The computer room

The computer room

The Living Room is the main showcase piece of any house. Your best chairs, best couch. Living rooms give off the impression that your family comes home, turns on Mozart, and reads from the great Russian novels. No spills, no swears, not even a bad thought has ever taken place in the Living Room.

And so when a Living Room couch is past it's prime, it gets sent down to the basement. At first, the couch is ashamed. So you give it a little encouragement. Hey, you'll love it down there. They spill things and it's no big deal. You really become more like a giant napkin. 

The TV is the next thing to be demoted. The Living Room TV feels as much pressure to be ultra-thin as supermodels do in the world of high-end fashion. And before there were flat-screen TVs, there were entire pieces of furniture designed to cover up the bulky TVs of the 90s and early 2000s. Our TV cabinet hid the TV, the 5-disk DVD player, and the row of DVDs/VHS tapes. The closed TV cabinet gave the impression that this might secretly be a wine cellar; something more fit for a luxurious Living Room.

The Computer Room, on the other hand, was only one step up from the basement. Ours had a reject TV, a retired Living Room chair, and a bean bag chair painted like a basketball. There was also a plastic M&M basketball player on top of the TV. Pull the shooting arm, M&Ms dispensed. It was one of those great 90's purchases like the singing Big Mouth Billy Bass. These things had a solid nine-year career going from the computer room, to the basement, to 85 cents a garage sale.

But it didn't matter what else was in the room because the desktop computer would always be the main attraction.

It's gotta be hard for anyone born after the year 2000 to imagine the concept of a computer room. This wasn't a laptop that you could move around the house. No, this thing was plugged into the wall. Not going anywhere. And there was no wifi all around the house. The only way to be on the internet was in that room. Connected via ethernet cable. The rest of the house was literally unplugged.

And before the iMac, we had a Gateway computer. That was a whole different experience. You'd walk in with a paper to write and have zero confidence the computer would still be working by the end. It felt like walking a tight rope over Chicago. Every few minutes: Alright, save it. Whew. Write another paragraph. Save it. Ok, couple more steps. Easy. Easy does it. Wait. No. No! (desperatley hitting the mouse). Control-alt-delete! Control-alt-delete!

"Did you save it?" your mom, your dad, your brother would call out from the hallway. "It's gone," you'd repeat a few times slowly, staring at the frozen screen. "Everything. Gone." And you'd go through the seven stages of grief before shutting the computer down, starting over.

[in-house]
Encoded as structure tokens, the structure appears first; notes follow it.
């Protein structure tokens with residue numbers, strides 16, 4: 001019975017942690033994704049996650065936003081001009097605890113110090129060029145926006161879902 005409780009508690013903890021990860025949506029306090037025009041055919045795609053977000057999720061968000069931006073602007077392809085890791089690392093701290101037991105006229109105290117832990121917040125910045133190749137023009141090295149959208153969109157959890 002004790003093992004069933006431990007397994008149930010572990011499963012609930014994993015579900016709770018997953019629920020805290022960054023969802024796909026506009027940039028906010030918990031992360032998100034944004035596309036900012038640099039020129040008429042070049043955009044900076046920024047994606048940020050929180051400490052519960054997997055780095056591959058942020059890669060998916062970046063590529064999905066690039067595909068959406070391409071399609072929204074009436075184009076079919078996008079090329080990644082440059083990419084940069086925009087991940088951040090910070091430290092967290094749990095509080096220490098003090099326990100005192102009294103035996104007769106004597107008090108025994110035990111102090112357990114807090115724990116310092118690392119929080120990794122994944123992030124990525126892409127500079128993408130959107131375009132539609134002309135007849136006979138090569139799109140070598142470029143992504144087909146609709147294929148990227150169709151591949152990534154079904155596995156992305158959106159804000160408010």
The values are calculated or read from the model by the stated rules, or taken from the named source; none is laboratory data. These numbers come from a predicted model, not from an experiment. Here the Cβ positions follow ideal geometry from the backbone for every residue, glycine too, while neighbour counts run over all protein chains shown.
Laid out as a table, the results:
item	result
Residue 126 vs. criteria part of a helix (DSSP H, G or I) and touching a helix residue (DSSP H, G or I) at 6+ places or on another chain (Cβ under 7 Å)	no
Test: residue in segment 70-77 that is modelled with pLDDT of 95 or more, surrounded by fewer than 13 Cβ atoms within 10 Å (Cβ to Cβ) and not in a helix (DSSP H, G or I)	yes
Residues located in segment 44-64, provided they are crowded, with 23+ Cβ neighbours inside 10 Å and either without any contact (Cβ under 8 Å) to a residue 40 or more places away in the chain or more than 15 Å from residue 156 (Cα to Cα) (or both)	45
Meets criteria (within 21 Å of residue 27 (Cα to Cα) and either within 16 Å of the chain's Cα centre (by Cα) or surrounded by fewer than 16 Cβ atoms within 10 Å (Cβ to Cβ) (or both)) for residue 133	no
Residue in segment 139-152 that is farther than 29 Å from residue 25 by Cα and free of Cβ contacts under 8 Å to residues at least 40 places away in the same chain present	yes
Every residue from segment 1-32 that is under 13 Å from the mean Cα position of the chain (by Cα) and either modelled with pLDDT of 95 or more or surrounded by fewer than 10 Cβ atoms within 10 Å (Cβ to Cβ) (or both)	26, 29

If you were lucky enough to make it through the journey of writing the paper, oh, that was just the beginning. Printing was even harder. The computer and the printer were natural enemies. Never wanted to work together. And the home printer was never prepared either.

Hey printer, did you bring the paper?

Nope.

Alright. Any ink?

Nope. Out of that too.

Are you even plugged in?

So you went to Staples. Black ink was $8,000, color came in at $25,000. Your Dad traded the Honda Accord for a cartridge and you walked home.

And heaven forbid you needed to print more than two pages! That completely overwhelmed the home printer. "Slow down! Slow down!" the printer yelled and then tripped all over itself. Smoke started coming out.

Now it's time for the dreaded paper jam. The instructions for fixing a paper jam were always this weird mix of steps.

Step 1: Open this flap

Ok. That makes sense. Alright, what's next?

Step 2: Turn on the garden hose outside

Alright, not sure how that fits in but ok.

Step 3: Press and hold this button for 17 seconds

Ok. Strangely specific. But looks like something's happening...

Step 4: Spray the printer with the hose

But you had to print the paper out. There was no other way to prove to the teacher that you did it. I guess you could take a photo of the screen with a disposable camera, but that's gonna take at least 24-hours to develop.

There was always one high-tech kid in the class who would make a suggestion like, "You know, you could use a USB stick and doopy doo and then bring that in to the computer lab," but when you have a Gateway computer at home you're like, "Dude, I'm sure you could do that. But I have no chance with a USB anything. I'm just happy when Caps Lock works."

Side note - You ever wonder why the Caps Lock key isn't written in all caps?

The computer room was where you chatted with friends on AOL. Where you played games. Where you went through this high stakes game of writing a paper. But when you left, you were offline. Unplugged. The internet was just a place, a room where you could escape to and from. And get a handful of M&Ms on your way out.

For as much as I don't miss those battles with the printer or the days when there was no magical cloud, no blog sites, a paper could just disappear, I do miss the boundaries of the computer room. The on/off switch. Now we can bring the computer with us anywhere, in our pocket, wherever we go. Which is great, but sometimes I think, "Man, I kind of miss being unplugged."

Thank you for reading today's blog!

Quick plug - My new book "Here or There" is now available. The fastest way to order is through Amazon, but you can also order a signed copy through Long Overdue Books (just email library@longoverduestories.com) 

To subscribe to Medium Rare via email, just enter your email address in the box below. See you next week for a post about trying a restaurant without checking Yelp first. Have a great Thanksgiving!

Leave a comment